Tina considered herself a pretty assertive young woman. She was sixteen but felt her confidence in both her values and her place in the world was stronger than most of her peers. That made Saturday night even more surprising and harder to deal with. She had gone to a party her parents agreed she could attend. In arranging a ride, her mother had called the parents of an acquaintance of Tina’s she knew from chorus. Chris lived nearby, and Tina’s parents thought they could carpool. It was decided that Tina’s mother would drive the two of them to the party and Chris’s father would drive them home.
The problem arose at the end of the night when Chris’ dad arrived to pick them up. When Tina opened the passenger door of the car, the smell of alcohol washed over her. She got in and thanked Chris’s Dad for coming to get them. He seemed normal to Tina, but she wasn’t sure what a drunk driver looked like.
Tina was close to her parents and respected how often they told her never to get in the car with someone who was drinking. They also told her if she ever felt uncomfortable to call home and they would pick her up, no questions asked. But, what if the driver was a friend of her parents and an adult? She hadn’t ever considered that as a possibility and now that she was, she was halfway home smack in the middle of the problem.
Chris was acting like everything was fine. Tina felt very uncomfortable. All of her confidence had disappeared. She felt like a robot just going through the motions. What could she do? She felt like all the rules had changed and she had no options.
Notes for the Facilitator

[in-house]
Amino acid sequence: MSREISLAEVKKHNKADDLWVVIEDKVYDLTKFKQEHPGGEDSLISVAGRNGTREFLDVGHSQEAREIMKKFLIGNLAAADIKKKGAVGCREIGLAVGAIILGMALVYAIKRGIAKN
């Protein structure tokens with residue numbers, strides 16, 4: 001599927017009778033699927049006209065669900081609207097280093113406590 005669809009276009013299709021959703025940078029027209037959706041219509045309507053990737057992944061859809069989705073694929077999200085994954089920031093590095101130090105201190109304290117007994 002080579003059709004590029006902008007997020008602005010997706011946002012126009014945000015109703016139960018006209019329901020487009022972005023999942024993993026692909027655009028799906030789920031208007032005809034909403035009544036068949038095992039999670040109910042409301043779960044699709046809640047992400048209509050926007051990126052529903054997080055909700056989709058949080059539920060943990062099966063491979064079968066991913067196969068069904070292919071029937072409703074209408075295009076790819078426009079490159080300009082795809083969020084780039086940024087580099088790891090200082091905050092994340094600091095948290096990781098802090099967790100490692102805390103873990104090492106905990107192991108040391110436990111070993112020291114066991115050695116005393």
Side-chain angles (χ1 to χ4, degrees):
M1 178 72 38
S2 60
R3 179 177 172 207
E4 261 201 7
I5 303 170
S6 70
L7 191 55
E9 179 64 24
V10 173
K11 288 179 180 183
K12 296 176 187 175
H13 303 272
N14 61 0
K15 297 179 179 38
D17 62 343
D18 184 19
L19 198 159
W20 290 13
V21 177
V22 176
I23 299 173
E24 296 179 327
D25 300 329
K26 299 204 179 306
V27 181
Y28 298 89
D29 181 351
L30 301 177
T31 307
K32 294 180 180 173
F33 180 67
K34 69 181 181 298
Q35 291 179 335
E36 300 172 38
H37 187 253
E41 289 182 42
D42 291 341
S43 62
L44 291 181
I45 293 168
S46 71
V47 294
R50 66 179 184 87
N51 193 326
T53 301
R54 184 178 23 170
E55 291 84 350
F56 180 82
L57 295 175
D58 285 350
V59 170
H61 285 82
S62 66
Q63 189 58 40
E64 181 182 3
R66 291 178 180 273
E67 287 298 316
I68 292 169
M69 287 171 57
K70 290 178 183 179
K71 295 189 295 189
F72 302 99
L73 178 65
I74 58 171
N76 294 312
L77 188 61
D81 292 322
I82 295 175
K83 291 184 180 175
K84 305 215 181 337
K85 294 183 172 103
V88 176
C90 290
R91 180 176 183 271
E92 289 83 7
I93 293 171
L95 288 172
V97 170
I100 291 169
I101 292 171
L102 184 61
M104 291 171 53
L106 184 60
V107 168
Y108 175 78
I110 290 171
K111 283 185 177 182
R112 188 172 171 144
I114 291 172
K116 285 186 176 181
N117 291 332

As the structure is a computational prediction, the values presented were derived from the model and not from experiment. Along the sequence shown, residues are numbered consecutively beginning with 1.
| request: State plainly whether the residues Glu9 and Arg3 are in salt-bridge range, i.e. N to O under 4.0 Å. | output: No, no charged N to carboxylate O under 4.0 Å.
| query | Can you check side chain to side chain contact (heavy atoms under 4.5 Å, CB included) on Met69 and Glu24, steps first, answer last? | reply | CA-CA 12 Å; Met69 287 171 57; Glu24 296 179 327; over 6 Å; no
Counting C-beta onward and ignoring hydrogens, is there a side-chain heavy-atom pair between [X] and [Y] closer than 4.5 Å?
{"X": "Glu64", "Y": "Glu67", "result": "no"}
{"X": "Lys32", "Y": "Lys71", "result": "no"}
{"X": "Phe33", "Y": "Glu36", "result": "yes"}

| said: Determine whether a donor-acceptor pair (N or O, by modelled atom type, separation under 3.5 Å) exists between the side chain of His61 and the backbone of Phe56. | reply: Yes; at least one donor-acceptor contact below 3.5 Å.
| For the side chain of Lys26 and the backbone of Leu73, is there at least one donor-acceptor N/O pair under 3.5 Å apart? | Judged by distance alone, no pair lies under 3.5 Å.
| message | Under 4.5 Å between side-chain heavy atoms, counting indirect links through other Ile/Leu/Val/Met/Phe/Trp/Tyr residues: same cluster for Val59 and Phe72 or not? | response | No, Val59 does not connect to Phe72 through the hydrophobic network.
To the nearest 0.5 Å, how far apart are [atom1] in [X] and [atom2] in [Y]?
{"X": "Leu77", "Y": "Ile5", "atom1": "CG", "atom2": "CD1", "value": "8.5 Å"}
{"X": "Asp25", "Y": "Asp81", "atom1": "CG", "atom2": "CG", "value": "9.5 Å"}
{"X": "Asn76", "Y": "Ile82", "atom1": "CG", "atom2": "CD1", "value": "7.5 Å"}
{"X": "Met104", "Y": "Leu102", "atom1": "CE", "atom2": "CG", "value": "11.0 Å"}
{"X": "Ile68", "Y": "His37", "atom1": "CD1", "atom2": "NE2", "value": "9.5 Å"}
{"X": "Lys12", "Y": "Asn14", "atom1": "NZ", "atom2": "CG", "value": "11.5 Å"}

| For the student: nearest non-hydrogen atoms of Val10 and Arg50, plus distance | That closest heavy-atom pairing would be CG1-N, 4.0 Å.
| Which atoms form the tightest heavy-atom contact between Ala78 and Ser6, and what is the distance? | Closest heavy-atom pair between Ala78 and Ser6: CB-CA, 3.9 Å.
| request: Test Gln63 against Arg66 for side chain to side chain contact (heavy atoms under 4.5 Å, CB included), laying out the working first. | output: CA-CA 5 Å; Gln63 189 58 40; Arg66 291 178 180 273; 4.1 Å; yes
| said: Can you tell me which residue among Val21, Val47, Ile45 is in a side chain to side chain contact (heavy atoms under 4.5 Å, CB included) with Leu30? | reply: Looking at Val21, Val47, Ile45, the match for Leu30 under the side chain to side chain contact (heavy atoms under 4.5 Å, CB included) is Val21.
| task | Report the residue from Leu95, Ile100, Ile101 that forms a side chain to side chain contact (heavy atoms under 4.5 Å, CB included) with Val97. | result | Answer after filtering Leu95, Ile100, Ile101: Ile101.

This is a hard one. When one of my students approached me with this dilemma, she told me she had gone home and asked her mother’s advice and her mother was stumped. So, she was coming to me. This is a challenge on many levels. The fact that a young person thinks that ethical rules change when an adult is involved, even when his or her life is at stake, is sad. The fact that a key adult figure might agree is even more disappointing. That being said, Tina doesn’t have many options that will go over “smoothly” shall we say. To defy or question authority (especially when it is authority you are inclined to respect) is one of the hardest steps young adults have to take.
This case presents an opportunity to validate doing what one knows is the right or smart thing to do no matter what or who is involved. Young people need an army of adult role models around values. The reality is that most have a handful. Others are desperately searching for just one. It is so important that we make it okay for kids to take care of themselves. It is so important that they feel proud of every decision they make that does just that. Often, being emotionally assertive means disappointing someone you have a relationship with. I wish my students had more practice at this. I think it would serve them far better than a high score on the SAT’s.
Discussion Questions (& Debate Topics, Writing Assignments, etc.)
- What makes this dilemma so difficult?
- Put yourself in Tina’s shoes. What would you do? Why?
- What might have made Tina’s situation easier to deal with?
- What do you think your parents would do if you asked to get out of the car and called your parents for a ride? Do you know anyone who would make that choice? Why or why not?
- Describe a time you or someone you know questioned an adult you felt was making a choice that might impact you negatively.
- Describe a time an adult in your life disappointed you? What happened? How did it change how you viewed him or her (if at all)?